Kentucky’s Promising Opioid Addiction Treatment Initiative Stalls As New AG Ousts Leading Advocate

Once a promising pioneer state in ibogaine research for the treatment of opioid use disorder, Kentucky’s appointment of Attorney General Russell Coleman has brought about the removal of Bryan Hubbard.

As chair and executive director of the Kentucky Opioid Abatement Advisory Commission (KYOAAC), Hubbard led the proposal to use 5% of $42 million of $900 million from the state’s opioid settlements to fund the ibogaine studies. 

Following his election in November, Coleman announced in the state’s Senate on Dec. 26 that the commission will now be led by Christoper Evans, a former DEA agent and interim acting administrator. 

In the incoming AG’s words, the state would still “take a look at ibogaine (…) objectively.” Coleman had previously supported the “three-legged stool” of prevention, enforcement and treatment. 

“There’s some great ideas out there on the prevention side. I want to see if we can scale those up… I understand there’s been a lot of ink spilled on ibogaine. My concern is we are not as focused as intently as we should be on the prevention piece of this,” he said.

Hubbard’s Statements

In his resignation letter dated Dec. 26, Hubbard explains he decided to step down after a “stark discussion” with Coleman, and that he is profoundly grateful and optimistic for the “crucial responsibility” entrusted to him by former AG Daniel Cameron. 

When facing management and distribution of the settlement funds, Hubbard says he outlined three strategic objectives: creating a child-based prevention infrastructure, eliminating barriers to long-term recovery and funding research for breakthrough treatments.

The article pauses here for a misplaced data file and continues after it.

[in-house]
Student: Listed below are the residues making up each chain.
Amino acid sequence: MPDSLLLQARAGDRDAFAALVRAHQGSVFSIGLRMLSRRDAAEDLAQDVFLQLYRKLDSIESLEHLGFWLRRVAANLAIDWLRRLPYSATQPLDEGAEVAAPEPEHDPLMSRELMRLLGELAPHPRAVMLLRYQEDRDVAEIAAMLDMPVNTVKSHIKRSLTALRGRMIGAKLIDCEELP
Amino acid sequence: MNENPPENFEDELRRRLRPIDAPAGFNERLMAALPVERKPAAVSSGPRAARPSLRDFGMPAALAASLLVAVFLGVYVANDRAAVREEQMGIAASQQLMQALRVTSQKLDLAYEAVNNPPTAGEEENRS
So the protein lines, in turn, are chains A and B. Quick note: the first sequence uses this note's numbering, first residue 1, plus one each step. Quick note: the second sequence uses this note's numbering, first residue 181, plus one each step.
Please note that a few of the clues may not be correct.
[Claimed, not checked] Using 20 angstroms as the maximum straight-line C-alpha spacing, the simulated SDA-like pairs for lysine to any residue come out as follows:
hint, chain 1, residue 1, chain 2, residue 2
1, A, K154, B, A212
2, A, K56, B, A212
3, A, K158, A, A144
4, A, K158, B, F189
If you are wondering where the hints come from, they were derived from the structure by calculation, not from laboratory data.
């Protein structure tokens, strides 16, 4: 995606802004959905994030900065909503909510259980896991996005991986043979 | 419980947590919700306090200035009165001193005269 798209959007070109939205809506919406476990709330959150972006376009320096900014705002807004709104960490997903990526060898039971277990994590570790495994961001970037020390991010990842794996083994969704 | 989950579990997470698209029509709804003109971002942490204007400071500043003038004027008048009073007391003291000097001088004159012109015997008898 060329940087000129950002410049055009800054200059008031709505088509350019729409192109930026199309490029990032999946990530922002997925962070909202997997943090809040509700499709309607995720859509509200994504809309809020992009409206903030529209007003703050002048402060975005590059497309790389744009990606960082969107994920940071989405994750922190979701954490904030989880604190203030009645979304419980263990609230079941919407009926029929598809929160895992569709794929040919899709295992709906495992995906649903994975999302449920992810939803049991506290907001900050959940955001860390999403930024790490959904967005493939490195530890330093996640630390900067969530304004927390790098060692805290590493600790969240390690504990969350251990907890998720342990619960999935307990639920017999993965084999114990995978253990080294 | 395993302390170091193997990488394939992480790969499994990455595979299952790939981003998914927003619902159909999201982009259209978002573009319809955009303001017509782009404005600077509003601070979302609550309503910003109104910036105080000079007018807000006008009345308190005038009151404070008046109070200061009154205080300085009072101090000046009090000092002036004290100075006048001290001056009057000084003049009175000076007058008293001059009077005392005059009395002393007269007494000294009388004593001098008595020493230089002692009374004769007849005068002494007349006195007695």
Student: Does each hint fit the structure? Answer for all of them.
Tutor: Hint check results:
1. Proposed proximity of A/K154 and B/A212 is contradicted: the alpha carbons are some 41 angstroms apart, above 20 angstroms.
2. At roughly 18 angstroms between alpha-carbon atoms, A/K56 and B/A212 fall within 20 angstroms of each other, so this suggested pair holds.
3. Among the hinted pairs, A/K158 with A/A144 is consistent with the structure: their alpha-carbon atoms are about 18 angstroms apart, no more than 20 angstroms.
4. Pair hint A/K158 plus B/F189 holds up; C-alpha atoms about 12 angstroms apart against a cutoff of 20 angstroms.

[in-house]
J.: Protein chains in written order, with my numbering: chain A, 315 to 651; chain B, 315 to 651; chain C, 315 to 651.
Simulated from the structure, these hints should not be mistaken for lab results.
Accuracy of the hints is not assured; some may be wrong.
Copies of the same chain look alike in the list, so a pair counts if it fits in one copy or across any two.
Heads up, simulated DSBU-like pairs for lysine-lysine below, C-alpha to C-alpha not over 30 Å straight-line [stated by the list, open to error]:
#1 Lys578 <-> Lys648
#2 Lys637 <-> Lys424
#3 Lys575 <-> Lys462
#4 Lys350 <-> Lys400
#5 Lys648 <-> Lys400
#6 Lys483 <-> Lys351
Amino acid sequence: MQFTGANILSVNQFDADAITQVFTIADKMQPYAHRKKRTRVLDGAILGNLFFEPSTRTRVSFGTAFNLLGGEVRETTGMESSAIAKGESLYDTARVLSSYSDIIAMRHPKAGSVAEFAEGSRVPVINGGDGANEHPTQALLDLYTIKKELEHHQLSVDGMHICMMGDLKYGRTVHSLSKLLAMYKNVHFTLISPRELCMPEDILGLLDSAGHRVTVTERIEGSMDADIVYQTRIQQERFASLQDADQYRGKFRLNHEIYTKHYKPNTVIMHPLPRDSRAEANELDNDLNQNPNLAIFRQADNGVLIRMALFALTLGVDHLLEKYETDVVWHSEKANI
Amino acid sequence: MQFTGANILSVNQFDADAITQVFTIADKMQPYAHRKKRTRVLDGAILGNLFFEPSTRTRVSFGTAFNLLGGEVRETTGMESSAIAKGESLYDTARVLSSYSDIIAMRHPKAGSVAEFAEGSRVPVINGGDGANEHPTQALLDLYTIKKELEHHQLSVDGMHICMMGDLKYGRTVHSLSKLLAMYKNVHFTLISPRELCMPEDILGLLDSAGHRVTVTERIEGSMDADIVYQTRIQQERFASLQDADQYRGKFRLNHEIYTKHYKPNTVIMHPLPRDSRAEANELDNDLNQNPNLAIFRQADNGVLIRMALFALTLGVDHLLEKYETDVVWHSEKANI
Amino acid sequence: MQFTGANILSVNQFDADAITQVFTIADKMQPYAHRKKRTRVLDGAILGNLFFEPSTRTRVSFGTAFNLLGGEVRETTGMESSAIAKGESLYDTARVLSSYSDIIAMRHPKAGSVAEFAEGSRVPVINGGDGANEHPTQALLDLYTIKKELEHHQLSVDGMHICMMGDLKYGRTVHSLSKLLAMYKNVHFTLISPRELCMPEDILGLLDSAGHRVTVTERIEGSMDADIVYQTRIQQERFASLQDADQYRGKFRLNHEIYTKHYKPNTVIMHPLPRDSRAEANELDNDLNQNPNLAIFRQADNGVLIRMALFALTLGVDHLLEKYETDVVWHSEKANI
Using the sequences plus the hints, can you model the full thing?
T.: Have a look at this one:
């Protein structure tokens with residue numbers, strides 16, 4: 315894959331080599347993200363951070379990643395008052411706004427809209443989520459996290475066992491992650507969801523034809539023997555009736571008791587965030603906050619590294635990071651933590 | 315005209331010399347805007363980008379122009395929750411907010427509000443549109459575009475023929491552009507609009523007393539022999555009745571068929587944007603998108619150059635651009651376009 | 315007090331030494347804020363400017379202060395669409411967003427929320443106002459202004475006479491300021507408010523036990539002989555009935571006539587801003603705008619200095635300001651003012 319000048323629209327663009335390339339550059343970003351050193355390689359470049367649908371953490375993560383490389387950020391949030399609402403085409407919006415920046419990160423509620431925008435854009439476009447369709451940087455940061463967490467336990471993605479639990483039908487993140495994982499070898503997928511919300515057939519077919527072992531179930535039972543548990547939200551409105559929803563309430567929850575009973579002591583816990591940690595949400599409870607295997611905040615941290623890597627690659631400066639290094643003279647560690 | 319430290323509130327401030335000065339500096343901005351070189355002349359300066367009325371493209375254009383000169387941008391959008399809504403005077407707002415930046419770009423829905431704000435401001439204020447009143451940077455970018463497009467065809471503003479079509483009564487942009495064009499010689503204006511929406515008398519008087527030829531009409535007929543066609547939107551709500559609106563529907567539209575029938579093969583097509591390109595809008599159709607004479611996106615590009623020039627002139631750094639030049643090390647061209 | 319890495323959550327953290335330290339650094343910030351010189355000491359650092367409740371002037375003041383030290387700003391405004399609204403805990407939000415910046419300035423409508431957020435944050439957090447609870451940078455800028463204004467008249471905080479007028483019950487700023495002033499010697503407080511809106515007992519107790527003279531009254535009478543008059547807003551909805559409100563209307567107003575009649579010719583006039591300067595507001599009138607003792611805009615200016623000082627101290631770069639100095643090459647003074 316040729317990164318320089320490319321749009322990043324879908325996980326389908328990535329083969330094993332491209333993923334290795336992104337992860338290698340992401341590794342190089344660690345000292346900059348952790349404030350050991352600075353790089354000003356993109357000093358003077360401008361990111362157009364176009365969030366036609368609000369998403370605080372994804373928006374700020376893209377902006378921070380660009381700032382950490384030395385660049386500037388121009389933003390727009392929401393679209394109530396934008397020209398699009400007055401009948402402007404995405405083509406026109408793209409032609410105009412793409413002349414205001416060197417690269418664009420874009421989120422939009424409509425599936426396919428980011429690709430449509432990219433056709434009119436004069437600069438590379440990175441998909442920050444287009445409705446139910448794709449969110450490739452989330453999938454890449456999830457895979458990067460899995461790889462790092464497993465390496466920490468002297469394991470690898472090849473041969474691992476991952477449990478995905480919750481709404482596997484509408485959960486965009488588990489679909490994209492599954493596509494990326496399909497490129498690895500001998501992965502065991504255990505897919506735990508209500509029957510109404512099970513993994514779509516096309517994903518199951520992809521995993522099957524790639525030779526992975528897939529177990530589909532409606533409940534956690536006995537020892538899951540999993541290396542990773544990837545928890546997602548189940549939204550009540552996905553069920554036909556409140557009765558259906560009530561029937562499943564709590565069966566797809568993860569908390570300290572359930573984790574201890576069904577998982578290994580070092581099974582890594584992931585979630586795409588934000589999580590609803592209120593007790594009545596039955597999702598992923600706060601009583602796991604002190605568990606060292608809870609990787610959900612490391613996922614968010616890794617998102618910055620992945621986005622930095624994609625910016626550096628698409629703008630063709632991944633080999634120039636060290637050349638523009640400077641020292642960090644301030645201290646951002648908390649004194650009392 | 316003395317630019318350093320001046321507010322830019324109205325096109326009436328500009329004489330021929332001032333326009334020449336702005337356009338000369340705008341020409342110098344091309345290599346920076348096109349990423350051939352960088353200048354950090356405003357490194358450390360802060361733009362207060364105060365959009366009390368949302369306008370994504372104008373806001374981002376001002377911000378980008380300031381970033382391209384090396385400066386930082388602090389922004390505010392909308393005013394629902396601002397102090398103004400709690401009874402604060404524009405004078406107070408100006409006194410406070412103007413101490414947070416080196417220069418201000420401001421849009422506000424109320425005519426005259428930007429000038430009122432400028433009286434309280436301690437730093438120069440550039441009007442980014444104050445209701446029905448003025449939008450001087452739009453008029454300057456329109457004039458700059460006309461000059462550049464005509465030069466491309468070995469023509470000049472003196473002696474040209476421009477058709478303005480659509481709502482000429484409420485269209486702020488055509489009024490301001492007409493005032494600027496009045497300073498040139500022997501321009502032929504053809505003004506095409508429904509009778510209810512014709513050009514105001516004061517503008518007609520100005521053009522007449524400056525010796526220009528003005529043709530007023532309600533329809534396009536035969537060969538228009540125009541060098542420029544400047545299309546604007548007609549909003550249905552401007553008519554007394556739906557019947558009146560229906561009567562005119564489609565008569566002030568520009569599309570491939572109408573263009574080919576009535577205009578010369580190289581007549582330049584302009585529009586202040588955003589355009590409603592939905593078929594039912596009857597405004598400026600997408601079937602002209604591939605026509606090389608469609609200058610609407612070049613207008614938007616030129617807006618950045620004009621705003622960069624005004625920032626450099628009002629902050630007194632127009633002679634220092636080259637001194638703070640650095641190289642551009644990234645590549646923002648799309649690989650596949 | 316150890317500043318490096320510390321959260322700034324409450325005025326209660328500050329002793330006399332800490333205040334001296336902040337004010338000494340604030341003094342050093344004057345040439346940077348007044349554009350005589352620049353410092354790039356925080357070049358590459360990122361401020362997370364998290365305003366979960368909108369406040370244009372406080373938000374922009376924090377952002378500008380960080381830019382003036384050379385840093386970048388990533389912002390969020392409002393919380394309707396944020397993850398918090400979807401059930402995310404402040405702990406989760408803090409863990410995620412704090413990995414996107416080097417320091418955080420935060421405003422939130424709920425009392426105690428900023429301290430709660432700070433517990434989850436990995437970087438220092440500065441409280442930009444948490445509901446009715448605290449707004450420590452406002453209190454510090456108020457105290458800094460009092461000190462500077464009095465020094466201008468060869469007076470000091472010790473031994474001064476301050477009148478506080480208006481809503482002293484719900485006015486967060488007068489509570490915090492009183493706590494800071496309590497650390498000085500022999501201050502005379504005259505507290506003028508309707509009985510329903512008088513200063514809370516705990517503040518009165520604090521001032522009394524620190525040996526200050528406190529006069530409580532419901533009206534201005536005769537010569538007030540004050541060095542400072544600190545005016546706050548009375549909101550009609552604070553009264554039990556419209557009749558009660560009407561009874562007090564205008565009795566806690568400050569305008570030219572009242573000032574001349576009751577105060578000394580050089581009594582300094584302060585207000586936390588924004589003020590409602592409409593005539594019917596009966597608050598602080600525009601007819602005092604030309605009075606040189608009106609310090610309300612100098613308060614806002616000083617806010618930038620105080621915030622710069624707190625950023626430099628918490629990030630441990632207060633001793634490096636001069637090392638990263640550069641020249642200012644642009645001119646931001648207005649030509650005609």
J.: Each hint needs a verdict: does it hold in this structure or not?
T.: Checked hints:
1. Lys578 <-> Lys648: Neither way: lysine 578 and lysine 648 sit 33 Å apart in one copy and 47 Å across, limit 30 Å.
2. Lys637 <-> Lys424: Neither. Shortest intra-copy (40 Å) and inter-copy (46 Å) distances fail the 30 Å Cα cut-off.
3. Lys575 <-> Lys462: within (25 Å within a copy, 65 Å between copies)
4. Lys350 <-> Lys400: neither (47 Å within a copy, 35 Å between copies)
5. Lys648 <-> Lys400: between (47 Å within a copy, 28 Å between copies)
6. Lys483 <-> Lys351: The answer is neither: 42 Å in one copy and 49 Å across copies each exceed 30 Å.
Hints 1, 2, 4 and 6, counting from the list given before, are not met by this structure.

Among the latter was the visionary ibogaine project, which sought to position Kentucky as “a leader in neurobiological research” and bring healing to communities devastated by the opioid epidemic. Despite opposition, the project’s advocates persevered and gained bipartisan support. 

In a letter addressing the People of Kentucky, Hubbard stated that in a prior meeting with Coleman, the incoming AG “acknowledged that ibogaine very well may have therapeutic value, but disagreed that the project should belong to or be executed by the Office of Attorney General.”

Coleman declared his intention of moving the commission “in a different direction” and requested Hubbard’s resignation by Dec. 31, 2023. 

For Hubbard, the suggestion that funding for prevention programs and clinical trials with ibogaine are mutually exclusive was false. In his view, “the best prevention is effective treatment,” which offers the hope of breaking generational cycles of trauma and addiction. “In the absence of paradigm-shifting effective treatment, all other efforts are in vain.”

As much as he views Kentucky’s opportunity to pioneer a breakthrough “has been thwarted,” he is certain that the ibogaine project’s ultimate legacy will be the eventual delivery of ibogaine access “much sooner than it otherwise would have.”


Reason for Hope’s executive director, Brett Waters praised Hubbard’s commitment to bring healing to Kentuckians struggling with opioid use. The nonprofit helped gather supportive testimony from various groups, including ibogaine patients, veterans, family members of overdose victims, national leaders and mental health experts from renowned institutions.

Even FDA-linked doctors highlighted ibogaine’s potential for a breakthrough therapy designation

Another KYOAAC ally, nonprofit VETS‘ co-founder and CEO Amber Capone said the recent leadership change is happening “at a crucial juncture.” Although the VETS team is disappointed that “this cutting-edge, potentially lifesaving research” will take place, she said this is only the beginning of the coalition’s efforts, aimed to broaden nationally. 

“The opioid crisis necessitates a united and coordinated response at both state and federal levels, and VETS will never back down.” 

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